I’m on the staff of a wonderful church. They often pour into us as leaders and help us grow. A few weeks ago I was sitting in a training class listening to one of our pastors talk about the definition of freedom. We were being trained on how to help people become free.
I had some “aha” moments.
The first step is to become free yourself.
Because free people free people. Freedom is talked about in Scripture but we don’t often address how to become free outside of some 5-step program. In those programs you’ll be taught to use self control and your will to change. But Jesus said He came to set the captive free. That sounds like less of self effort.
I went to this training thinking I would learn how to help people, but I left seeing my own need for freedom.
I grew up in a time where the gospel was about fire and brimstone. If you didn’t do certain things, you were sure to be on the pathway to hell. I remember intently listening to a certain televangelist along with my family. I wanted to know the instructions to ensure my ticket to heaven. Traditionally, that is what I knew about freedom—to be free from sin and death, with the promise of eternal life.
Fast forward many years later to adulthood. Now I’m learning about freedom in a whole new way. I hear the pastor say “Freedom is about getting free from who you are in order to become who you are created to be.”
Wow, what a deep and powerful statement!
So now I have to die to who I was born to be in order to become who I was created to be?
How the heck do I do that?
I remembered Jesus came to set the captive free. I can’t set myself or anyone else free.
Now I could start identifying the things I need to be free from so I could be everything God wants me to be! That starts with asking God to show me the things are holding me captive.
After living in bondage for so long, would I notice the things holding me captive? Yes! Because that is the reason Jesus came! He wants to show me the things that are keeping me from being the person God created me and Jesus redeemed me to be.
I have to be free from:
- The things that I’ve learned and walked in for years—things that I’ve thought were protecting me but were actually keeping God and others out.
- The things that I let define me that aren’t in agreement with what God thinks of me—lies others have spoken over me that I’ve agreed with.
- The things that have a stronghold on me—habits and patterns that make me think I was born with this weakness and have stopped fighting to change.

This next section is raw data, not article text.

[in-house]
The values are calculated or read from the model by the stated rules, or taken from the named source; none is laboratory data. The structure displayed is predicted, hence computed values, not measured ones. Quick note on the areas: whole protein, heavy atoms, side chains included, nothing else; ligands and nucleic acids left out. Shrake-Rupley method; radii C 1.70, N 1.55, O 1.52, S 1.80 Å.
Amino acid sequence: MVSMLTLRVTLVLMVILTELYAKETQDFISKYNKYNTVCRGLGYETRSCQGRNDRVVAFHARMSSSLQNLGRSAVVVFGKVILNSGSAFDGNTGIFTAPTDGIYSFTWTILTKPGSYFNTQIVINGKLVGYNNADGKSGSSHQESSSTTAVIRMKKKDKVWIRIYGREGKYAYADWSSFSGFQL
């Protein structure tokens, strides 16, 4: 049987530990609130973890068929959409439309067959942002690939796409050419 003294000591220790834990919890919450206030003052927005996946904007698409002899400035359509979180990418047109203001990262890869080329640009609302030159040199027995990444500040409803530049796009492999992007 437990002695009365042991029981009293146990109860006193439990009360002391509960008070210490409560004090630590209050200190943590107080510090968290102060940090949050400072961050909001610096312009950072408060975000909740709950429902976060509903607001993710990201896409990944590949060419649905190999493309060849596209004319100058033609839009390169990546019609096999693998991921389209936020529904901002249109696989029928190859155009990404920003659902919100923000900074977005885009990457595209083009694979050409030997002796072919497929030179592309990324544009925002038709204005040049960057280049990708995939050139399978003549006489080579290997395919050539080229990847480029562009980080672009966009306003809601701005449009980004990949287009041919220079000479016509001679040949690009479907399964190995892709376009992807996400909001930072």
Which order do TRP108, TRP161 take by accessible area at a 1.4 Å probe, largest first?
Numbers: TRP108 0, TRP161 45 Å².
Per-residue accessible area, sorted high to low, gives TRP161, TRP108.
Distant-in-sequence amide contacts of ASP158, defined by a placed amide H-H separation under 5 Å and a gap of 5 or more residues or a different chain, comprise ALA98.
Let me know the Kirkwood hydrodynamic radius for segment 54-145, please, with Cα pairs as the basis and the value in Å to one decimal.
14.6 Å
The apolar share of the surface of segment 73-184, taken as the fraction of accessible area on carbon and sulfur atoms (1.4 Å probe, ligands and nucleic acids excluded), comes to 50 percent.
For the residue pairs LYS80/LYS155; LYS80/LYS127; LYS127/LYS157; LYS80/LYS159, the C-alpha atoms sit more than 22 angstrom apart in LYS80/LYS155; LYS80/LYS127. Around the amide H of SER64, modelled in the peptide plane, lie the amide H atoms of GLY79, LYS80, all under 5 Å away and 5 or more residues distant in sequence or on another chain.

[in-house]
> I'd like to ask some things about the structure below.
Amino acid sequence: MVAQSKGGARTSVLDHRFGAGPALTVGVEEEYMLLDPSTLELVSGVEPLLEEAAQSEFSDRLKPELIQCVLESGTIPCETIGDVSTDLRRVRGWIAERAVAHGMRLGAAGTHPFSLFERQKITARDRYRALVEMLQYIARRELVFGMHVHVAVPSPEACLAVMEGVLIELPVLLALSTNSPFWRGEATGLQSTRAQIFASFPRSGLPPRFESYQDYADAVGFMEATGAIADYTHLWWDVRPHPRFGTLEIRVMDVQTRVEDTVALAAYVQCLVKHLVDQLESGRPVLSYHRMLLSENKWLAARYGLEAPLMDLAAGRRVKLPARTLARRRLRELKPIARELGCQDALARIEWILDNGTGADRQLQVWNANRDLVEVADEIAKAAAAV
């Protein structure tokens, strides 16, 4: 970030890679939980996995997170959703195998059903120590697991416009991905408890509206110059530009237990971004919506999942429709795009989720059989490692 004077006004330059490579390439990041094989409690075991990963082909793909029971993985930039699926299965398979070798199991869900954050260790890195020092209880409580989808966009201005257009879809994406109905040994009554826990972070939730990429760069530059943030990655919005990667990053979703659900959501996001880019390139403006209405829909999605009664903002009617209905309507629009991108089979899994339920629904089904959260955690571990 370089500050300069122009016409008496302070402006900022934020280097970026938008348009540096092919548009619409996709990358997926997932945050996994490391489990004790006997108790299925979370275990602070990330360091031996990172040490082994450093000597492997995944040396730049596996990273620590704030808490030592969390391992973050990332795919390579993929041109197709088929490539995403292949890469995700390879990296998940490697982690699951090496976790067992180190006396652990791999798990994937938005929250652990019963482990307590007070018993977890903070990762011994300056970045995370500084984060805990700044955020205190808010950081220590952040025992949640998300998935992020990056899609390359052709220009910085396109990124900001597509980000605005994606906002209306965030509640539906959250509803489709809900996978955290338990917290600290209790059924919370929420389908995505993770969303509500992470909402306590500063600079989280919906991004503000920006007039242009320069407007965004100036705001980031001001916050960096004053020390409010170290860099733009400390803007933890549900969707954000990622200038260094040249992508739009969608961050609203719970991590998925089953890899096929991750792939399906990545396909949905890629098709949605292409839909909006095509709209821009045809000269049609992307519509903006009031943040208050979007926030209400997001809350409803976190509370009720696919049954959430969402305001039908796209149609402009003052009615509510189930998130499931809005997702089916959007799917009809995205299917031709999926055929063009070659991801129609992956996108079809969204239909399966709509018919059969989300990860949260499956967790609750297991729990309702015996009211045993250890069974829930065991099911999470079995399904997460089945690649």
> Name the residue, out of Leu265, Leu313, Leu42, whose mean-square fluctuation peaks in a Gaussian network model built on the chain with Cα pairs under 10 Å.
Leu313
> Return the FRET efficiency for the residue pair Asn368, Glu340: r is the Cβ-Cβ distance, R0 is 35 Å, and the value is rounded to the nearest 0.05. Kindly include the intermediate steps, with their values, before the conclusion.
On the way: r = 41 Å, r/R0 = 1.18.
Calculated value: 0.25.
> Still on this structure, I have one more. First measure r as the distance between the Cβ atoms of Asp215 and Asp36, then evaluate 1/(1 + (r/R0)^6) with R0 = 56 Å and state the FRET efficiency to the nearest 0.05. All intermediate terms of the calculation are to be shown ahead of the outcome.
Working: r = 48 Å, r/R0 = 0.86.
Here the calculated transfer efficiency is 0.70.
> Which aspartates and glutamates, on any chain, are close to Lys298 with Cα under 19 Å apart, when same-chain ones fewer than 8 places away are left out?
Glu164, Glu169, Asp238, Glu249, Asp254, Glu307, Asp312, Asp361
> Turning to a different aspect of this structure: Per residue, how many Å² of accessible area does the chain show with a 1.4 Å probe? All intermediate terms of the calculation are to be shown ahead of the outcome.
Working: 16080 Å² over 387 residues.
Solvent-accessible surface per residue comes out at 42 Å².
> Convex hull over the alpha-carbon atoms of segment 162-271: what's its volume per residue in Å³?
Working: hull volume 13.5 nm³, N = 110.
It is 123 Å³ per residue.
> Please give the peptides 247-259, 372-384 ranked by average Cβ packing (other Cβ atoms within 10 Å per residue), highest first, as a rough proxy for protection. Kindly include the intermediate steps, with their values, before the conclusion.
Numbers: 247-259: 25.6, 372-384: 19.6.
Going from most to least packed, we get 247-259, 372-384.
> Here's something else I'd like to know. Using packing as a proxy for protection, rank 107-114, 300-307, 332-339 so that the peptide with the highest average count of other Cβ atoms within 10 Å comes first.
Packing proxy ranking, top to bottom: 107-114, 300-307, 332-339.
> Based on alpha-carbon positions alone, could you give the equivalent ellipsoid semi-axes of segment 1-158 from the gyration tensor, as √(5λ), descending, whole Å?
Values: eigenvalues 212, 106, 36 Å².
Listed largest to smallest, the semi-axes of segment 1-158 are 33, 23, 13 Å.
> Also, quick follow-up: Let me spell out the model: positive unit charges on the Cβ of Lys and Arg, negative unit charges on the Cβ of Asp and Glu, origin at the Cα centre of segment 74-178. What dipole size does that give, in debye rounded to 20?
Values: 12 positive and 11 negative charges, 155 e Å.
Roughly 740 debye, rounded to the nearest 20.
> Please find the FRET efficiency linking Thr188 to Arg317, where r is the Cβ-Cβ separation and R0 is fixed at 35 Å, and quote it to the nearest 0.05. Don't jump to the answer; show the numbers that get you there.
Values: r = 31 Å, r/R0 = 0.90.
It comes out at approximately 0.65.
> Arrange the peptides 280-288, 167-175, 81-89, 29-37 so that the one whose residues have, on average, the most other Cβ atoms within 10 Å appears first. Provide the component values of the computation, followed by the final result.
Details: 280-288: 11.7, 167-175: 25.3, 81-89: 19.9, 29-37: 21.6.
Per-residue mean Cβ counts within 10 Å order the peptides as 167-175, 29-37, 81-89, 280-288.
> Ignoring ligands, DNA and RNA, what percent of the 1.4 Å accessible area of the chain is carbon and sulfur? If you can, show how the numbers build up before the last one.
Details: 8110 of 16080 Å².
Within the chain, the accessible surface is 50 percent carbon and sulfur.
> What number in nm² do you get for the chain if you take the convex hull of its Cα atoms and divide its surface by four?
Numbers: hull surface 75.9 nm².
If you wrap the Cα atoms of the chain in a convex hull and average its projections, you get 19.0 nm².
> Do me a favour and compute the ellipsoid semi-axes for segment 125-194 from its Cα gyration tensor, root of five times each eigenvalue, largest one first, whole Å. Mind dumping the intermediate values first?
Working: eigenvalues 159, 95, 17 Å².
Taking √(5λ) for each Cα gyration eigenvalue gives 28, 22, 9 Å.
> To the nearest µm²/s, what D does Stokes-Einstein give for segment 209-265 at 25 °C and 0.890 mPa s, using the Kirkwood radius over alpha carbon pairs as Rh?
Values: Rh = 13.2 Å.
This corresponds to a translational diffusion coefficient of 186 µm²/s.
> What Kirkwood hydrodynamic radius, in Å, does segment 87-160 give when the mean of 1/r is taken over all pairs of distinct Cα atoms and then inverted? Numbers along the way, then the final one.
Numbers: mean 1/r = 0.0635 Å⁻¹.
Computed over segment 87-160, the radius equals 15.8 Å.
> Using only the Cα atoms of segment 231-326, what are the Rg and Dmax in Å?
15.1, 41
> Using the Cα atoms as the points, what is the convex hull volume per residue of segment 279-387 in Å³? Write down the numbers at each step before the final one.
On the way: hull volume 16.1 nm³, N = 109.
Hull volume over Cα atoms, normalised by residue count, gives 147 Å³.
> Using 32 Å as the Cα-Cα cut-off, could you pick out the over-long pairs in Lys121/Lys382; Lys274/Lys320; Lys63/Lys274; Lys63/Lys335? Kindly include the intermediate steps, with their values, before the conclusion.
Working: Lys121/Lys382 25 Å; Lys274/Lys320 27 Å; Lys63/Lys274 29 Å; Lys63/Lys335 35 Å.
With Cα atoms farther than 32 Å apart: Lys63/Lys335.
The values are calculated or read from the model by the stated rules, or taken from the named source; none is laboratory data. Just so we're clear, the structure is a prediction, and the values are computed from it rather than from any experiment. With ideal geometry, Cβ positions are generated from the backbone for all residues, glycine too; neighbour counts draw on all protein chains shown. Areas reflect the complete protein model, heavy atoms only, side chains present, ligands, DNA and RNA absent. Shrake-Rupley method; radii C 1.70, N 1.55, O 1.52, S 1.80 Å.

Logically, if I’m not free, then I’m in bondage. I started wondering about asking God, “What am I in bondage to?”
Then the pastor said, “Whatever we seek first sets the focus of our lives. For example, if you focus on NOT being depressed, then depression has a hold on you. We give power to whatever we focus on.”
This struck me like lightening.
All of a sudden, I knew that my life had been focused on relationships. Not only was it about relationships, it was about what I wanted out of those relationships—love and belonging.
I was lied to about the source of power that would meet my need. I was seeking after something I would never get, because the search for love couldn’t produce love; it could only imitate it. It would only let me down because that’s what counterfeits do. They pretend to be the real deal, and in the end it doesn’t last like the real thing.
All of sudden I clearly understood that there was something fundamentally wrong with my definition of love.
Through many life experiences, I knew love to be something I had to earn. Love was conditional. If love was something I had to earn, then me giving love could only be contingent upon what someone else would do to earn it from me.
Have you ever heard the phrase, you can’t give what you don’t have? The opposite is also true. You can only give what you have. We can’t seek love and give love at the same time, and be successful in love. An empty vessel can’t promise to give anything.
In our selfishness, we seek to gain what we don’t have.
I Corinthians 13 describes perfect love. It describes love as patient and kind, not envious or boastful, not arrogant or rude. Love doesn’t insist on its own way; it is not selfish.
Not only was my definition of love wrong, but my focus of love was wrong.
Matthew 6:25-34 tells us not to be anxious about our lives. It says that we should seek first the Kingdom of God, and all the things we need in life will be added unto us. Well, seeking after love and relationships would definitely fall into the category of worrying about my life. God knows everything that I need. If He knows what I need, then this has to include the need to belong and to be loved.
His perfect love casts out all fear (anxiety). My desire for love is good, because He gave it to me so I’d pursue Him. When I keep my eyes on God as the source of power for the love I am seeking, I actually receive what He’s also asking me to unselfishly give away.
With or without a “relationship” on earth, I have the ultimate relationship with the lover of my soul.
That is what I was created for …